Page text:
Minimalism in 2021 – Why More Millennials Are Seeking a Minimalist Lifestyle

Every generation has unique trends and subcultures. Baby boomers and Gen Y were the most financially successful generation, and as a result, a lot of them have a lot of money to spend.

They had stable jobs, sufficient resources to buy new stuff, and they were less price-sensitive than more recent generations. Boomers liked to buy new things and show off to parents, neighbors, or friends. 

Nowadays, social mores have changed. Less and less people meet face to face, visit their friends at homes, or even go to brick and mortar shops.

Technology has made the world different and changed the requirements of living for many people. Millennials are sometimes considered spoiled brats that can’t take no for an answer.

They are used to the technology and luxuries of the modern world. If that is the case, why are more of them turning to a more disciplined minimalist lifestyle?

Are Parents Everything?

Most millennials grew in stable and wealthy homes. They had anything they needed, and they didn’t have to work hard for their bikes or toys.

They were used to a lifestyle that didn’t require saving money for food and basic necessities. Things changed when the market collapsed.

Their parents spent more than they could afford, with terrible consequences on our economy. But the trends didn’t change – buying the newer, shinier things to impress others is still very much in vogue.

Some of the children from homes like that have learned about reckless money spending habits and the counterproductivity of the meaningless pursuit of the New Shiny Thing. 

Environment

Millennials and Gen Z are the first generations facing an environmental catastrophe. Many people became ecologically conscious and are trying to make the world greener and cleaner.

When facing global warming, one must give up on some comforts and adjust habits to make the climate changes slower and less severe.

That’s why younger people are turning to second-hand shopping, recycling, or zero-waste living. More things are made DIY, not bought in giant shops run by corporations focused only on making money. 

Economy

Big corporations are not only harming the environment but also interfere with local communities. That’s the reason why more young people try to shop in small local stores or quality driven companies.

For example, if some millennials would like to renovate their apartment they would more likely choose products from companies that care about the quality of their products and share similar values, no matter whether we are talking about chairs, wholesale flooring, or new lamps.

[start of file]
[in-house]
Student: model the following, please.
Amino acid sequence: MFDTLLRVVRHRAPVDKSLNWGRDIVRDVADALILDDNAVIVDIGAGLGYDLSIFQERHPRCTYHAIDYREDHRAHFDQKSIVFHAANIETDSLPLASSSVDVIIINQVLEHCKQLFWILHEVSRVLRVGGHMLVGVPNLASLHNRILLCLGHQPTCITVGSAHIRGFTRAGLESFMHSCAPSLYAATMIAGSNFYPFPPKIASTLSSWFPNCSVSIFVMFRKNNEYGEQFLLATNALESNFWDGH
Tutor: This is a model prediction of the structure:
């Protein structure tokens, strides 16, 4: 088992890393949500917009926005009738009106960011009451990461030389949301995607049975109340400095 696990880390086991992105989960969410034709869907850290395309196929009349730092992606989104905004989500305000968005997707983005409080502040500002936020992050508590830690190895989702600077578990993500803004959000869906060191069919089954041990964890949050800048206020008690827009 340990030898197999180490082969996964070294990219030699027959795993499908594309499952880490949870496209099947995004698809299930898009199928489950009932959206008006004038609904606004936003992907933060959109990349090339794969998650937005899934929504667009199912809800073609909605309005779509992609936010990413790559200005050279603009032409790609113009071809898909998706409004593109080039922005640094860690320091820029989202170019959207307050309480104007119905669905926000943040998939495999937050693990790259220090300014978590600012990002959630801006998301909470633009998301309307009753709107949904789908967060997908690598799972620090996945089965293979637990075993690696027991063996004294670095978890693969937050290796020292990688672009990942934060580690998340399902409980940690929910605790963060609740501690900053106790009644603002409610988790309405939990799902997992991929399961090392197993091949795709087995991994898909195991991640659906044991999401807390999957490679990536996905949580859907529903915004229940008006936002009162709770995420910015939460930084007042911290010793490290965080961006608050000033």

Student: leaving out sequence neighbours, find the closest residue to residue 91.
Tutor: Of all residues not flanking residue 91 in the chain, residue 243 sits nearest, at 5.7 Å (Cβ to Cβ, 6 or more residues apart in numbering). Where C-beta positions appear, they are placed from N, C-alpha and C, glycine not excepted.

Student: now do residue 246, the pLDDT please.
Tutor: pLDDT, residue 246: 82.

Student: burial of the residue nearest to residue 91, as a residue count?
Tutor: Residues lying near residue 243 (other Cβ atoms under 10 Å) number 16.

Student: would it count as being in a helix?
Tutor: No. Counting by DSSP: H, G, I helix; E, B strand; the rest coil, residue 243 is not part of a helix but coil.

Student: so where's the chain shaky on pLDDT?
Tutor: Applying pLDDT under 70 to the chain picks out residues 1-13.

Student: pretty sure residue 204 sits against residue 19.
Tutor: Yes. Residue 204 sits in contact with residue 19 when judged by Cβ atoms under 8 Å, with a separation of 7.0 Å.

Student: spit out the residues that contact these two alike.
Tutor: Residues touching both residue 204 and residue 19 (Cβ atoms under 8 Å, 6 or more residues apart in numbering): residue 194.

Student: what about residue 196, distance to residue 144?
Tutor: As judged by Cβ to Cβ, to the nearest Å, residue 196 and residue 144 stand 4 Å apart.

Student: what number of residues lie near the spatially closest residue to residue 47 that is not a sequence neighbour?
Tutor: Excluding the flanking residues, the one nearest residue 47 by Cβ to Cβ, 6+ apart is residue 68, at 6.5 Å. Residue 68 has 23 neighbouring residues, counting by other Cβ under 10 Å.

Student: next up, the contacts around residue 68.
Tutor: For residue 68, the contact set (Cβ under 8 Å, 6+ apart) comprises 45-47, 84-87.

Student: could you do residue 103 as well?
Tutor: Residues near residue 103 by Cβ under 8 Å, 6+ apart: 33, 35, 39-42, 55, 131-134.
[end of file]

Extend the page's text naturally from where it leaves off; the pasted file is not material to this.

According to some studies, 75% of millennials said it’s more important for a company to give back something to society than to make a profit.

After years of brutal capitalism, society tends to return to the sharing economy

With the help of technology, it’s easier and more convenient to rent or borrow something from a friend or even a stranger, than buy it yourself.

Thanks to smartphones and apps, we can find bikes, cars, books, etc., with the touch of a finger. It’s not only less expensive, but better for society and the environment. Ownership became redundant. 

Mobility

In the 21 century world seems smaller than it used to. With the internet, cheap flights, open borders, and home offices, people are less attached to their houses and cities.

There is no need for that competition older generations were accustomed to. Now, everything is about collaboration. Freedom of choice is what matters. Owning a lot limits this choice. 

It’s more challenging to go to work in another country when you own a home full of stuff in your home city. It’s often difficult to find a job in one particular place, so it is required from modern workers to be able to move when needed.

Having a job became more important than having a house with a white fence. Readiness for a drastic change is considered to be one of the best features of an employee. 

Services vs Products

side view picture of studio workplace with blank notebook laptop

As we have mentioned before, boomers care a lot about owning stuff. They liked to buy new things, and having progressively more was really important.

On the other hand, millennials care more about services than products. Minimalism doesn’t mean less spending money on everything. It means spending less on physical stuff.

They tend to spend more on better and more environmentally friendly food, but also traveling or online services, to name just a few.

The modern world has less time for fun. That’s one of the reasons why young people are spending more money on comforts and conveniences. The value of free time is more important than the value of Uber. 

Homes are now more luxurious products than ever. Not many people can afford to buy flats, let alone a big house. With a less stable market, not many young people think about real estate.

On top of that, according to the Wall Street Journal, 88% of millennials would prefer to live in urban areas instead of suburbs or in a country.

Will This Trend Survive?

It’s hard to say for sure, but the environmental changes may cause all people to become more minimalistic. The awareness of consumptionism’s harmful effects grows bigger and bigger in each generation.

Gen X may depend even more on services than physical possessions. With the technology going forward so fast, a lot of things can become unnecessary.

Minimalism also helps with prioritizing what’s important in life and how to spend money in a way that will benefit them in the long run.

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